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Joshua Pratt, Harold Bedell, Joy Ohara, Stanley Woo; Retinal Fixation Locus in Patients with Bilateral Central Scotomas: Letter Targets are Better Suited for Visual Testing than Targets that Fill in. Invest. Ophthalmol. Vis. Sci. 2013;54(15):2184.
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© ARVO (1962-2015); The Authors (2016-present)
Training eccentric viewing has been widely implemented as a regular part of low vision services for patients with central scotomas. In this experiment we investigated whether target type affects the retinal fixation location and stability, and specifically whether targets expected to perceptually fill in are imaged at the vestigial fovea. If targets expected to fill in are imaged at or near the vestigial fovea, then fixation on these targets would allow the projected location of the vestigial fovea and the pathological scotoma to be located accurately in visual space during eccentric viewing training, even without the use of a fundus imaging device.
The retinal location and stability of fixation were measured using the Nidek MP-1 microperimter in twelve patients with bilateral central scotomas for six types of fixation target, three expected to fill in and three that included letters. The approximate position of the vestigial fovea was delineated either by using residual retinal landmarks or by locating the residual foveal pit in a dense macular scan, obtained with a Spectralis Optical Coherence Tomographer. Fixation location and stability were compared for the different target types and referenced to the position of the vestigial fovea.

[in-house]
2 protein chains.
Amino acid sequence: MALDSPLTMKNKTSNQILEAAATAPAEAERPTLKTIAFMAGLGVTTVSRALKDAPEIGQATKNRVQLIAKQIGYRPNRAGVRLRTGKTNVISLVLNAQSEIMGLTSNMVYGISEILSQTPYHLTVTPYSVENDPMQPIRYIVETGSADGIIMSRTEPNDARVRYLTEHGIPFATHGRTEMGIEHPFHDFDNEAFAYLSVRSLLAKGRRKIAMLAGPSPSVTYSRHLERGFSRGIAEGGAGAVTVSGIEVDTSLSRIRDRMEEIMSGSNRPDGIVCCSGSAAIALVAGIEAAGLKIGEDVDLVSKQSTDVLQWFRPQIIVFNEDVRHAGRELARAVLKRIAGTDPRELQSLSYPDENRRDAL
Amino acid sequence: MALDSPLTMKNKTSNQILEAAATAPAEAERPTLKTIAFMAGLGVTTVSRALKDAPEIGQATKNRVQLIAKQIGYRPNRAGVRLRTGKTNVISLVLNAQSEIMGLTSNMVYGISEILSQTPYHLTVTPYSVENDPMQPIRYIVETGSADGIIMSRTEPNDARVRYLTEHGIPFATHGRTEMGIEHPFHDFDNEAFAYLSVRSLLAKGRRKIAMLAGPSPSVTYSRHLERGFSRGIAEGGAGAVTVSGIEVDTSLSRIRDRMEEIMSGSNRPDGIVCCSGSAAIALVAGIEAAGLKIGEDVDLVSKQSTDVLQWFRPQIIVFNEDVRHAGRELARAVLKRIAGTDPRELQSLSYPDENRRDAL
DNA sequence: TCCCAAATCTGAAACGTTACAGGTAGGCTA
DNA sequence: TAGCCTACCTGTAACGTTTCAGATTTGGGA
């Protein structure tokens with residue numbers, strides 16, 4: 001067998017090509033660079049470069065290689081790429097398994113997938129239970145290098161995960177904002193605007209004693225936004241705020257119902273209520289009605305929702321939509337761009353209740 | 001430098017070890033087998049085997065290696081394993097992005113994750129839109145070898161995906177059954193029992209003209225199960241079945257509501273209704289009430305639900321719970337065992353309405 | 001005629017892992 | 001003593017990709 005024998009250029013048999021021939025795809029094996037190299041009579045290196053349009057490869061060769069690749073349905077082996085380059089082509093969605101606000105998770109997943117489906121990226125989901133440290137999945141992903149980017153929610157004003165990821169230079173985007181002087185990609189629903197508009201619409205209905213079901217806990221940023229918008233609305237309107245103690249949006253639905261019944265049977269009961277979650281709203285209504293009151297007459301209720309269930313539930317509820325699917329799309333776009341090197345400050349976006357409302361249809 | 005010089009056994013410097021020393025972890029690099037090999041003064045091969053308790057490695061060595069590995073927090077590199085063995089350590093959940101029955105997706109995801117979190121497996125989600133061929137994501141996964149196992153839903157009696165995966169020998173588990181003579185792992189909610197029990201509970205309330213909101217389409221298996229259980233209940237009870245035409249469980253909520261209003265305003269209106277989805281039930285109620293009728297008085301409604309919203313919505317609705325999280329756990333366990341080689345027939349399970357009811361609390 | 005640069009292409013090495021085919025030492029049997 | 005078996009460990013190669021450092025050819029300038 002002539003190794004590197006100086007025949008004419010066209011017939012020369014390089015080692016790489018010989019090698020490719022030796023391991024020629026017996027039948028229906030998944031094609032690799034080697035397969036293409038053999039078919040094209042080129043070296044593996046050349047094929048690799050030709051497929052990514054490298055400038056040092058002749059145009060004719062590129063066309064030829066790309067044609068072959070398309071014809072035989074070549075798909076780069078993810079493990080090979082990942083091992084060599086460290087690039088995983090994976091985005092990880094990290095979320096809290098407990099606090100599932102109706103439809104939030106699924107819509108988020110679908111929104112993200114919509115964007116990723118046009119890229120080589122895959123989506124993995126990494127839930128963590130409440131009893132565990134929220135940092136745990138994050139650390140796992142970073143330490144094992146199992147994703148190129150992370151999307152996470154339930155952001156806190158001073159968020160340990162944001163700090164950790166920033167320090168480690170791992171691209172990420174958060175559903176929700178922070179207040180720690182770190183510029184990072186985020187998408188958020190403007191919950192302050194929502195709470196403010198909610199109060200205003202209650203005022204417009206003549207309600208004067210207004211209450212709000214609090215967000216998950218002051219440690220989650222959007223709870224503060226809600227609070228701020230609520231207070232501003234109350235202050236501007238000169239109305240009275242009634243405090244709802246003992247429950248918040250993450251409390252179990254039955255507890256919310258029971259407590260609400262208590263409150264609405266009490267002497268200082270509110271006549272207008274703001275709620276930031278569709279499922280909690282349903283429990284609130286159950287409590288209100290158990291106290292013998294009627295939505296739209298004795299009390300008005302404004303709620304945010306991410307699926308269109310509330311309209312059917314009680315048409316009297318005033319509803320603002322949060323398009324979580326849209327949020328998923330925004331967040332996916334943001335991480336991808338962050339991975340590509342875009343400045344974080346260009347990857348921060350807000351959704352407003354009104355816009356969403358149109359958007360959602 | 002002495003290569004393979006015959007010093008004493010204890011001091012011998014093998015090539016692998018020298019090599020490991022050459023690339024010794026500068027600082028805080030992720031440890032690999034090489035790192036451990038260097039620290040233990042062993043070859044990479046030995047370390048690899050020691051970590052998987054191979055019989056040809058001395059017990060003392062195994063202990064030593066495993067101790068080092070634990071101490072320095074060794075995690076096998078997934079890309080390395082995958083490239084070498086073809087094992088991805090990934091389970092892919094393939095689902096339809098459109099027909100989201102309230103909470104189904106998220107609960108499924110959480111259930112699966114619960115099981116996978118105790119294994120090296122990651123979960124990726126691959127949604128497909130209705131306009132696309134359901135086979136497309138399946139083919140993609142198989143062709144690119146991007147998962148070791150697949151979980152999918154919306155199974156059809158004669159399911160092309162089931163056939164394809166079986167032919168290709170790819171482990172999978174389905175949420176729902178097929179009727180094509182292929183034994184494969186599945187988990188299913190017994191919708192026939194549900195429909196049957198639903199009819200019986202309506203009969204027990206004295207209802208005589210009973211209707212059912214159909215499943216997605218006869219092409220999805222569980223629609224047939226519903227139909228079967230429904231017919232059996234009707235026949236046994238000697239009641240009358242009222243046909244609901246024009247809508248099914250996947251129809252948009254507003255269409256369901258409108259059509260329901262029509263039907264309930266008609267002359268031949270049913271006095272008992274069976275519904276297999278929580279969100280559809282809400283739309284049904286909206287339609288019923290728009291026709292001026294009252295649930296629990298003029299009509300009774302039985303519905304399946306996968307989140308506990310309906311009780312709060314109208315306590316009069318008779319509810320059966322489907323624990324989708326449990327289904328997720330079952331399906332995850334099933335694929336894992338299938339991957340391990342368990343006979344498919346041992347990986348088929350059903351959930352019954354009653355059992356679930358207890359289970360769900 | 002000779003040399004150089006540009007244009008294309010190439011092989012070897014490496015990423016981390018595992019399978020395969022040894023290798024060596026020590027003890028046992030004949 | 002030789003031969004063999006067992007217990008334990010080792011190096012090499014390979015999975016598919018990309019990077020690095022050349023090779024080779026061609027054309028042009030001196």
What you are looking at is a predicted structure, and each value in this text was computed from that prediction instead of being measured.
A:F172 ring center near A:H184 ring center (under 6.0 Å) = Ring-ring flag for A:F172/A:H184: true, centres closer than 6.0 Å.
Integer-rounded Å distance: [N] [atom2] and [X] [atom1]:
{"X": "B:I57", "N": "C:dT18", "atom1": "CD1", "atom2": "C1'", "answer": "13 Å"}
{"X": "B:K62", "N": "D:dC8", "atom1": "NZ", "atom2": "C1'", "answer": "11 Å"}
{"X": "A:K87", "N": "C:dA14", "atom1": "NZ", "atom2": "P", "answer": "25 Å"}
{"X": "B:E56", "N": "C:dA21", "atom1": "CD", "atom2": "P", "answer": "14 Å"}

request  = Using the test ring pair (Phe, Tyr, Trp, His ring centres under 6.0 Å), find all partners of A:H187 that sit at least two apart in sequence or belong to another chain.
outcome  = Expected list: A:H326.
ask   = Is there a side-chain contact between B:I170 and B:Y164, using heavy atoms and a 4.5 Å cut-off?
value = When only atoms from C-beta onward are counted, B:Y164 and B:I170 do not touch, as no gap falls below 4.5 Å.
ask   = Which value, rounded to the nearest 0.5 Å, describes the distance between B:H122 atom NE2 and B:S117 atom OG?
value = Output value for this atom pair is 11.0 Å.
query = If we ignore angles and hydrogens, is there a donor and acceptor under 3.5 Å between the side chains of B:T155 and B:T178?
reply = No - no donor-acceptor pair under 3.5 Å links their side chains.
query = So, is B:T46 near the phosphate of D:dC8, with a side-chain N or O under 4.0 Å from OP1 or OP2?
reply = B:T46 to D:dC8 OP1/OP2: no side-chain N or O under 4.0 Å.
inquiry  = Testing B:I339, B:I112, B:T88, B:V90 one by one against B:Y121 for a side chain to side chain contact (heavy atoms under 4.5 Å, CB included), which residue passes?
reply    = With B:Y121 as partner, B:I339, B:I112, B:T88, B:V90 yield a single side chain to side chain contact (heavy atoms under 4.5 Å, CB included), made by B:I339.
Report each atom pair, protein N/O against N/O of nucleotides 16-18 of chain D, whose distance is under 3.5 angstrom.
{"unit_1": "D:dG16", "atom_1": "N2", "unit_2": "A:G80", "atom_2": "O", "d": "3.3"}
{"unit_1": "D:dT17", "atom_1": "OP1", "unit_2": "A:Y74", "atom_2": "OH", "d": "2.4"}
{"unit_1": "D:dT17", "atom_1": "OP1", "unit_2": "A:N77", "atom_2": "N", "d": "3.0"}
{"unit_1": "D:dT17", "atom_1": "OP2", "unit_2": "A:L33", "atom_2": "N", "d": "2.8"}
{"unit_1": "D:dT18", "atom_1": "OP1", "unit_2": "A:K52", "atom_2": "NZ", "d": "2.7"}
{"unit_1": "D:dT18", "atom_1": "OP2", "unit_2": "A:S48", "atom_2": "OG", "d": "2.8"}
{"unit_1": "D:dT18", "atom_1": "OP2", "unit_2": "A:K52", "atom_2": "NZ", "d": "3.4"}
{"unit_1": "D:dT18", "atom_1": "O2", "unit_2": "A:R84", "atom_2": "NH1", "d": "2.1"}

All of the subjects except one fixated consistently on targets that included a letter using peripheral retinal locations outside of the central scotoma. Eleven of the twelve subjects used a retinal location closer to the vestigial fovea to fixate targets expected to fill in, compared to letters. Although four of the subjects imaged the fill-in targets at or within a half degree of the vestigial fovea, six other subjects imaged the fill-in targets at a retinal locus removed from the vestigial fovea. Target type produced no overall significant difference in fixation stability, specified in terms of bivariate contour ellipse area. However, in some individual subjects fixation tended to be more stable on letter targets than on fill-in targets.
In patients with central field loss, letter targets generate more consistent fixation behavior than fill-in targets and should be used for eccentric viewing training and perimetry.
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